German Chancellor Angela Merkel attends a ceremony where the country's new Justice Minister was given her certificate of appointment by the German President at the presidential Bellevue Palace in Berlin on June 27, 2019. - During the ceremony, Merkel suffered a new shaking spell, just one week after sparking concerns by visibly trembling at another official ceremony. Picture: KAY NIETFELD / DPA / AFP)
German Chancellor Angela Merkel attends a ceremony where the country's new Justice Minister was given her certificate of appointment by the German President at the presidential Bellevue Palace in Berlin on June 27, 2019. - During the ceremony, Merkel suffered a new shaking spell, just one week after sparking concerns by visibly trembling at another official ceremony. Picture: KAY NIETFELD / DPA / AFP)

Berlin — German Chancellor Angela Merkel was seen shaking as she met President Frank-Walter Steinmeier on Thursday, her second such bout within two weeks.

But her spokesman said she was fine and she continued with her duties. Berlin is in the grip of a heat wave. 

Merkel, 64, has no history of serious ill health. She was attending a farewell ceremony for justice minister Katarina Barley, who is leaving to become a member of the European Parliament.

As Merkel addressed the gathering, her upper body began to shake, and she crossed her arms as if to brace herself. She was offered a glass of water but declined to drink it while Steinmeier spoke.

On June 18, Merkel was shaking when she met visiting Ukrainian President Volodymyr Zelenskiy. She said later said felt better after drinking water.

Asked if the chancellor would take part in this weekend’s G20 meeting in Japan, the spokesman said: “Everything is taking place as planned. The chancellor is well.”

After the ceremony with Steinmeier, Merkel went on to the Bundestag lower house of parliament for the swearing-in of the new justice minister. She showed no signs of shaking and looked relaxed, chatting and laughing with Vice-Chancellor Olaf Scholz.

If Merkel was incapacitated, Steinmeier would appoint a cabinet minister as acting chancellor until parliament elects a new chancellor. This need not be Scholz, a member of the Social Democrats, junior partner in Merkel’s ruling grand coalition.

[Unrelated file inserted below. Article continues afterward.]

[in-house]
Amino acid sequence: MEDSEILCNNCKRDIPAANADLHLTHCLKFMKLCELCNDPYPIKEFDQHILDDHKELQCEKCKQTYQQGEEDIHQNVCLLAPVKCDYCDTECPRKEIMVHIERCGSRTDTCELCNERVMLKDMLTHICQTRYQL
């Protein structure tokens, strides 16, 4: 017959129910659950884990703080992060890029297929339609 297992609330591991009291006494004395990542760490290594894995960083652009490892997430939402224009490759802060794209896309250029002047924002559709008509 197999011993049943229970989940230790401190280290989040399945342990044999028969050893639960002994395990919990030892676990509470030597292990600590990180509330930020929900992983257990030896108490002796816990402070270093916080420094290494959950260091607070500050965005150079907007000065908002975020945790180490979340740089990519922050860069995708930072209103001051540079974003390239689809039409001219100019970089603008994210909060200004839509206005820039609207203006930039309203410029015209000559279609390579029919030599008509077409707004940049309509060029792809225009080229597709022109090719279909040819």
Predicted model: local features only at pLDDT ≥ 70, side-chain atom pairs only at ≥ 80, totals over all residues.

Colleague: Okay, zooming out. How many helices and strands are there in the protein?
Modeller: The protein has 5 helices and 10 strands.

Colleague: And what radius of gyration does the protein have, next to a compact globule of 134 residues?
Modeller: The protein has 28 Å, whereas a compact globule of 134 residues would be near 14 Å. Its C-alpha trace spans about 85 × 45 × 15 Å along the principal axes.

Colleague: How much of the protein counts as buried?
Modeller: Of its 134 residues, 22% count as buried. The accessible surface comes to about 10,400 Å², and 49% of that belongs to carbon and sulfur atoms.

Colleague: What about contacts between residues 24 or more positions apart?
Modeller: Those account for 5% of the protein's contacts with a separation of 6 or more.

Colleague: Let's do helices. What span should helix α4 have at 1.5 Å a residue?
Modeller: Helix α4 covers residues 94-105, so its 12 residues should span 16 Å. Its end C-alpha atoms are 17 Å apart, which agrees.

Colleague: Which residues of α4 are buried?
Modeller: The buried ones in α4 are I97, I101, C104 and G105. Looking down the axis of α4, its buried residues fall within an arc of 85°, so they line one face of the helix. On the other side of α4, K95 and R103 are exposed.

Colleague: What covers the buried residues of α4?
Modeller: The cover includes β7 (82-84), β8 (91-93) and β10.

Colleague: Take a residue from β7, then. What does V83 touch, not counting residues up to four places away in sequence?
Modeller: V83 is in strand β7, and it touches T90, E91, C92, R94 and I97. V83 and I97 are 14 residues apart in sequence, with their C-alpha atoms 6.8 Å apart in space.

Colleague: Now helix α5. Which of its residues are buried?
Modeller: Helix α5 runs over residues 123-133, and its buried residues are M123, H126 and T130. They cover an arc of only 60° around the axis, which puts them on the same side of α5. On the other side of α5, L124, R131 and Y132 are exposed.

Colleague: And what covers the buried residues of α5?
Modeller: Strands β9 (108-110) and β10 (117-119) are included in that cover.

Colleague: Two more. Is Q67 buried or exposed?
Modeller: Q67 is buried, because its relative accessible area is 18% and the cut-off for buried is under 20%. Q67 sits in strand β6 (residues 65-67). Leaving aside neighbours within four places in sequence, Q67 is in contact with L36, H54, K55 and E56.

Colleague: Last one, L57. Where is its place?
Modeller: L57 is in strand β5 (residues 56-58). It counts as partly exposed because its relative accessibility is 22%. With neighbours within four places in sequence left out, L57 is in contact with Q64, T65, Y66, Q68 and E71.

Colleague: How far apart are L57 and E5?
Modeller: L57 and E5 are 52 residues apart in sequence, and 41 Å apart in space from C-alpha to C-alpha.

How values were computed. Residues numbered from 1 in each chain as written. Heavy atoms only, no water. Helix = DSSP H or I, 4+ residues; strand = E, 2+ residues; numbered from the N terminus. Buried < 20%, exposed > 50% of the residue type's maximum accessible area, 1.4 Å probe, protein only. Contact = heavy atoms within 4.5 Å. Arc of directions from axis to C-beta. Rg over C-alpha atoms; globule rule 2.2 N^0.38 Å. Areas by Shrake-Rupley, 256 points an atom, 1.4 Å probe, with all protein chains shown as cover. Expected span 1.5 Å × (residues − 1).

Merkel is renowned for her work ethic and has a reputation for outlasting other leaders at EU summits with her ability to focus on details of complex discussions deep into the night.

In the past, she has said she is a “sleep camel” who can go days with just a few hours of sleep as long as she gets a full night of shut-eye at the weekend. She is due to go on holiday soon.

Merkel has loomed large on the European stage since 2005, helping guide the EU through the eurozone crisis and opening Germany’s doors to migrants fleeing war in the Middle East in 2015, which still divides the bloc and Germany.

The chancellor faces a gruelling schedule in coming days.

Later on Thursday, she flies to Japan for the G20 meeting before heading to Brussels for an EU summit on Sunday at which she will play a key role in trying to seal a deal on distribution of the bloc’s top jobs for the next five years.

Asked about Merkel’s latest shaking episode, interior minister Horst Seehofer said: “I won’t comment on this. I have never taken part in remote diagnoses because for years I was too often the subject of remote diagnoses.”

Merkel appeared her usual self when she fielded questions from MPs during an hour-long session in parliament on Wednesday, shortly after which she gave a speech at the Humboldt University of Berlin.

Merkel began a stage-managed gradual exit from politics in October, when she said her fourth term as chancellor would be her last and that she would not seek re-election in 2021, when the next federal election is due.

In December, Merkel handed over the chair of her Christian Democratic Union to protege Annegret Kramp-Karrenbauer, though her unconvincing start in the role has set back the party’s plans for a smooth leadership transition.

When Merkel took office in 2005, George W Bush was US president, Jacques Chirac was in the Elysee Palace in Paris and Tony Blair was British prime minister.

Reuters